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Objective To compare the efficacy and safety of the ketogenic diet (KD) with standard adrenocorticotropic hormone (ACTH) treatment in infants with West syndrome. Methods In this parallel‐cohort (PC) randomized controlled trial (RCT), infants were randomly allocated to KD or high‐dose ACTH. Those who could not be randomized were followed in a PC. Primary end point was electroclinical remission at day 28. Secondary end points were time to electroclinical remission, relapse after initial response, seizure freedom at last follow‐up, adverse effects, and developmental progress. Results One hundred one infants were included: 32 in the RCT (16 KD; 16 ACTH) and 69 in the PC (37 KD; 32 ACTH). Electroclinical remission at day 28 was similar between KD and ACTH (RCT: 62% vs 69%; PC: 41% vs 38%; combined cohort: 47% vs 48%; KD vs ACTH, respectively). In the combined cohort, time to electroclinical remission was similar between both treatments (14 days for KD, 16 days for ACTH). However, relapse rates were 16% (KD) and 43% (ACTH, P = 0.09), and seizure freedom at last follow‐up was 40% (KD) and 27% (ACTH, P = 0.18). Adverse effects needing acute medical intervention occurred more often with ACTH (30% with KD, 94% with ACTH, P < 0.001). Age‐appropriate psychomotor development and adaptive behavior were similar. Without prior vigabatrin (VGB) treatment, remission at day 28 was 47% (KD) and 80% (ACTH, P = 0.02); relapse rates were 29% (KD) and 56% (ACTH, P = 0.13). Consequently, seizure freedom at last follow‐up was similar. In infants with prior VGB, seizure freedom at last follow‐up was 48% (KD) and 21% (ACTH, P = 0.05). Significance The study is underpowered; therefore, its results should be interpreted with caution. KD is as effective as ACTH in the long term but is better tolerated. Without prior VGB treatment, ACTH remains the first choice to achieve short‐term remission. However, with prior VGB, KD was at least as effective as ACTH in the short term and was associated with lower relapse rates in the long term; therefore, it represents an appropriate second‐line treatment after VGB.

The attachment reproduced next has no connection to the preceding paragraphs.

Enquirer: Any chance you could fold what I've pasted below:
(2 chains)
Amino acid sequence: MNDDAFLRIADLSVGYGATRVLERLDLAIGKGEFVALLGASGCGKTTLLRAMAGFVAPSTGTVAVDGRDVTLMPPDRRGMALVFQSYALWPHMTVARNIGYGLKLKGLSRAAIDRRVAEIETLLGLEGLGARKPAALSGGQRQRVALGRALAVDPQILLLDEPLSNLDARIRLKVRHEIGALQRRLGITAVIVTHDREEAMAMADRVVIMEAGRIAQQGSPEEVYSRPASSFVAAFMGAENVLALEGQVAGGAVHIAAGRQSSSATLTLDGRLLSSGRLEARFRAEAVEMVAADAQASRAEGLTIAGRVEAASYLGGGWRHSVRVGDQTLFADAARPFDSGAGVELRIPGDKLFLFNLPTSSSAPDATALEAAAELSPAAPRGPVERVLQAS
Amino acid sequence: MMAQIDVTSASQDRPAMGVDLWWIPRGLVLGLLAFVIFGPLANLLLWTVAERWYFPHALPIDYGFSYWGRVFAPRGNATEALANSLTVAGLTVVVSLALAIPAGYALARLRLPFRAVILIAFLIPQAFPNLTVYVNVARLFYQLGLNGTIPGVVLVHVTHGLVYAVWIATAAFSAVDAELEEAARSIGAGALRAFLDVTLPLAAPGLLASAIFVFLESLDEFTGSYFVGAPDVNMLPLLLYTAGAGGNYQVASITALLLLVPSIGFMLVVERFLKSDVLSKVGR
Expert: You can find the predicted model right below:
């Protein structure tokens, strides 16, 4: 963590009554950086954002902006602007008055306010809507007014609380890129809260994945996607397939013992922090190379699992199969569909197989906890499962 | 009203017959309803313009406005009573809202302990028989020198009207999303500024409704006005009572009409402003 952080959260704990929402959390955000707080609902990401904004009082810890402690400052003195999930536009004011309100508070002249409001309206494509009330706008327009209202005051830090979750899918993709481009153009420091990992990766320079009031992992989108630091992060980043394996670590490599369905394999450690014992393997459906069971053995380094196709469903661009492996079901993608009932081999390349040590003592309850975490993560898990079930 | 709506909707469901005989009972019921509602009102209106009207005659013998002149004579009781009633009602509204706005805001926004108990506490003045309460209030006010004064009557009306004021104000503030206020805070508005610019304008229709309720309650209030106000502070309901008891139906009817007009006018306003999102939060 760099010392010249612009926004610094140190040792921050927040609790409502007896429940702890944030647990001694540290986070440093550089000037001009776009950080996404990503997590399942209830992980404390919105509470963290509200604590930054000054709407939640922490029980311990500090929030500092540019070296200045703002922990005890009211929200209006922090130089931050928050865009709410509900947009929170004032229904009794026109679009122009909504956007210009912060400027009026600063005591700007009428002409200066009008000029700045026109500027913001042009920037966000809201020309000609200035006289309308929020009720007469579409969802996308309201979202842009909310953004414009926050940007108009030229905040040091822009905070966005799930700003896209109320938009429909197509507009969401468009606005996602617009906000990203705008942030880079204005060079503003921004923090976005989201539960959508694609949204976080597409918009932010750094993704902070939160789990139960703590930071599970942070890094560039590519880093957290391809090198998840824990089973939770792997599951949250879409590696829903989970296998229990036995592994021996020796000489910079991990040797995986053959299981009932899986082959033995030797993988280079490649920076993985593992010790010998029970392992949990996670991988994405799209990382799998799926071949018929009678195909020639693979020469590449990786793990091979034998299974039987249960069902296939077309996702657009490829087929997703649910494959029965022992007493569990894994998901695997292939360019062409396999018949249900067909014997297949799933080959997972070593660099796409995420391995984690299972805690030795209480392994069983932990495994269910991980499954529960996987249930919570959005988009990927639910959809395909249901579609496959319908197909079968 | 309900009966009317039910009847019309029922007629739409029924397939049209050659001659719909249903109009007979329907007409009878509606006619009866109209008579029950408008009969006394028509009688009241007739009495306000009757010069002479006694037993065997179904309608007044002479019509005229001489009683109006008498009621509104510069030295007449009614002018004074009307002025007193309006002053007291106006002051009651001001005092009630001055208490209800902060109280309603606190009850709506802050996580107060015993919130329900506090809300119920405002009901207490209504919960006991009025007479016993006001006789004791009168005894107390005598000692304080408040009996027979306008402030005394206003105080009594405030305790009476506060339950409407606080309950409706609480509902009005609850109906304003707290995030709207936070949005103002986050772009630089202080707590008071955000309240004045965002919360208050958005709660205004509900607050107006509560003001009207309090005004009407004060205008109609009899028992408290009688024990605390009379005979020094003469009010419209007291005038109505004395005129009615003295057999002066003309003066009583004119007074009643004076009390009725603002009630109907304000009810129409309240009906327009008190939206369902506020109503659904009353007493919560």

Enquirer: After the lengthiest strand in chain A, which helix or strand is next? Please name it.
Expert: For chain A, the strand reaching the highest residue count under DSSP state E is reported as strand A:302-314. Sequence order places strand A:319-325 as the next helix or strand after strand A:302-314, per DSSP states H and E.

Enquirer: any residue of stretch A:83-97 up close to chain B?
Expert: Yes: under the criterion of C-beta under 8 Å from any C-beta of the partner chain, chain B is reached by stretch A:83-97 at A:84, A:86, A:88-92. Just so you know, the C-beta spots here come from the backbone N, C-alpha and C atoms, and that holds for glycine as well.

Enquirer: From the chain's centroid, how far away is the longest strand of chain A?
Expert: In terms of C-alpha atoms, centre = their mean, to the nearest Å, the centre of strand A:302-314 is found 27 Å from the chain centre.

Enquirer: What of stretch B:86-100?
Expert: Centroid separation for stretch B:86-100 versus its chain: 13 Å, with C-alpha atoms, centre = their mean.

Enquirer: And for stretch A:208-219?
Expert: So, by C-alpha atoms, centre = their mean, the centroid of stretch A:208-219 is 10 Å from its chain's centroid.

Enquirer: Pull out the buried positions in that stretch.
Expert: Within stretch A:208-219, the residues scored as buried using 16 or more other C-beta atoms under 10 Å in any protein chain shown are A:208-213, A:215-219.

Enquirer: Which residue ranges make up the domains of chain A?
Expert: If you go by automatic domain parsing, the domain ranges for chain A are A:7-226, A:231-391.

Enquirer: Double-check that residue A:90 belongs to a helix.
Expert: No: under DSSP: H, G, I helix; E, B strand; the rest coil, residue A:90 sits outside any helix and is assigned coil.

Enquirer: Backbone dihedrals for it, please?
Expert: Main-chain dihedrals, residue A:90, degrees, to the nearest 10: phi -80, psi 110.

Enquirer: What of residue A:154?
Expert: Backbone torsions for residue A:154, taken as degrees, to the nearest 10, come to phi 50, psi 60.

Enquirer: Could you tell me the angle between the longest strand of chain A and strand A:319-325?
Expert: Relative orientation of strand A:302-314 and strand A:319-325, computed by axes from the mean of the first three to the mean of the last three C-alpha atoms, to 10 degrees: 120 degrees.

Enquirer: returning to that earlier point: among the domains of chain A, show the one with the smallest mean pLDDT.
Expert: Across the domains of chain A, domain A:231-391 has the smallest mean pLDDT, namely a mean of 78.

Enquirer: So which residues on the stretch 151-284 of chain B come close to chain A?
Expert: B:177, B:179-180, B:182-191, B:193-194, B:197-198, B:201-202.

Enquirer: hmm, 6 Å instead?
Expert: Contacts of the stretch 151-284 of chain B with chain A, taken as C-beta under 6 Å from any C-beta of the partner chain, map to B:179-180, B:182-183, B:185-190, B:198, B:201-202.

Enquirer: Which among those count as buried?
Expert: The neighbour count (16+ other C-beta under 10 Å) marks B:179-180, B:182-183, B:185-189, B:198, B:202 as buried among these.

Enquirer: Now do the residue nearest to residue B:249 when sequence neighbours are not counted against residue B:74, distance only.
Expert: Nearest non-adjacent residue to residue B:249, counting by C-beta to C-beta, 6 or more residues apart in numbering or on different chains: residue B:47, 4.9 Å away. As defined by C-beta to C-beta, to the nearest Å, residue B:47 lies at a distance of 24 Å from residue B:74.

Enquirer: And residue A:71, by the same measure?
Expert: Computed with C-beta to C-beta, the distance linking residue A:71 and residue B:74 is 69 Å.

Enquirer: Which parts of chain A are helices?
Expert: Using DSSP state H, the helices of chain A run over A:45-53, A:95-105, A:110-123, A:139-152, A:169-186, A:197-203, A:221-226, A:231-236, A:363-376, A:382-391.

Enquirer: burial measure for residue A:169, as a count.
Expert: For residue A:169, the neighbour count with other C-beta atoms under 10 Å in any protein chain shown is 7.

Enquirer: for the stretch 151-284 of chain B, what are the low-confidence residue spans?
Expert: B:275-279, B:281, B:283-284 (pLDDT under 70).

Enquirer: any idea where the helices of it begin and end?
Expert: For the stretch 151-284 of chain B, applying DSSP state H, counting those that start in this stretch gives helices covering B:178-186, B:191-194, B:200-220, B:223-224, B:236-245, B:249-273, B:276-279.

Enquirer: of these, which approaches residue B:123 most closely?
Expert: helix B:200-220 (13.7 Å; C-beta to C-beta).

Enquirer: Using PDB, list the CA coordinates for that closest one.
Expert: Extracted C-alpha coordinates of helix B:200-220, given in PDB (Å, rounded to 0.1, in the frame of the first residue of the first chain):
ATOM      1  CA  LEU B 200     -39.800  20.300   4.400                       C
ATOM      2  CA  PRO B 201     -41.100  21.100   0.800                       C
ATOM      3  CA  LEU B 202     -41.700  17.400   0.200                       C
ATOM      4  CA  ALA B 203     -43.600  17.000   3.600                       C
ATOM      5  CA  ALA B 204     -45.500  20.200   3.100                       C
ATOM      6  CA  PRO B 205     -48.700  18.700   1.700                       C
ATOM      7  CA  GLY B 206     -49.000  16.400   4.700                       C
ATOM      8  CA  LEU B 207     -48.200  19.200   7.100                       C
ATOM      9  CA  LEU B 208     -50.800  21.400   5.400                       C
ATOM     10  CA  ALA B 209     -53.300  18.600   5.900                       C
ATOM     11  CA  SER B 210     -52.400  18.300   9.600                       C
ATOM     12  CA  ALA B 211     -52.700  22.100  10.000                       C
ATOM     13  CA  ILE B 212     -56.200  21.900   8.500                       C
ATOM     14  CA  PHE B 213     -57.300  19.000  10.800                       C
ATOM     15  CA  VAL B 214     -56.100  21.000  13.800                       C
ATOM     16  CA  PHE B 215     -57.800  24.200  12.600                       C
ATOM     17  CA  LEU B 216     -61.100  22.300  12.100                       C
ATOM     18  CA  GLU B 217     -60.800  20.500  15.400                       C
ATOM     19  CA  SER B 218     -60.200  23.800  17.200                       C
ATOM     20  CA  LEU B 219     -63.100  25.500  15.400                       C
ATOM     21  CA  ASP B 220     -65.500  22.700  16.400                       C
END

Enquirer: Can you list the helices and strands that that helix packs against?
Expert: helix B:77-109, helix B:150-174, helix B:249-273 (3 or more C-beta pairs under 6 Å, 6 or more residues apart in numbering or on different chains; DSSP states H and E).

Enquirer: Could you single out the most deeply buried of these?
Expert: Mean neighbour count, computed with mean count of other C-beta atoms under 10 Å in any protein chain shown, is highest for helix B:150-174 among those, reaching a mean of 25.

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Objective Ketogenic diets reduce seizures in children with drug‐resistant epilepsy. Whether adults benefit from similar treatment has not been clarified. We therefore examined the efficacy of the modified Atkins diet in adults with drug‐resistant focal epilepsy. Methods We performed a randomized clinical trial (RCT) with patients >16 years who had at least 3 seizures per month despite having tried at least 3 antiepileptic drugs. They were randomized to either 12 weeks on the modified Atkins diet (diet group) or habitual diet (control group). Primary endpoint was a change in seizure frequency from baseline to the intervention period, comparing those on diet with controls. Results We assigned 37 patients to the diet group and 38 to the control group. Nine of the patients in the diet group and 4 controls were excluded. Of those who completed the dietary intervention (n = 24), median seizure change was −1.0 (interquartile range [IQR] −13.7‐8.8), while in the control group (n = 32) the median change was 4.5 (IQR −4.8‐33.5). The median difference between the groups was −7.0 (95% confidence interval [CI] −37.0‐3.0; P = .21). In the intention‐to‐treat analysis, the relative risk (RR) for achieving >50% seizure reduction was 1.8 (95% CI 0.3‐10.2; P = .65), while for achieving >25% seizure reduction RR was 2.43 (95% CI 0.94‐6.28; P = .06). We observed no serious adverse events. Significance In this RCT investigating the effect of an adjunctive modified Atkins diet on seizure frequency in adults with difficult‐to‐treat focal epilepsy, we found a significant reduction in seizure frequency in the diet group compared to the controls, but only for moderate benefit (>25% seizure reduction) among those who completed the intervention. However, seizure response varied considerably between individuals, perhaps negatively influenced by a drop in serum concentrations of antiepileptic drugs.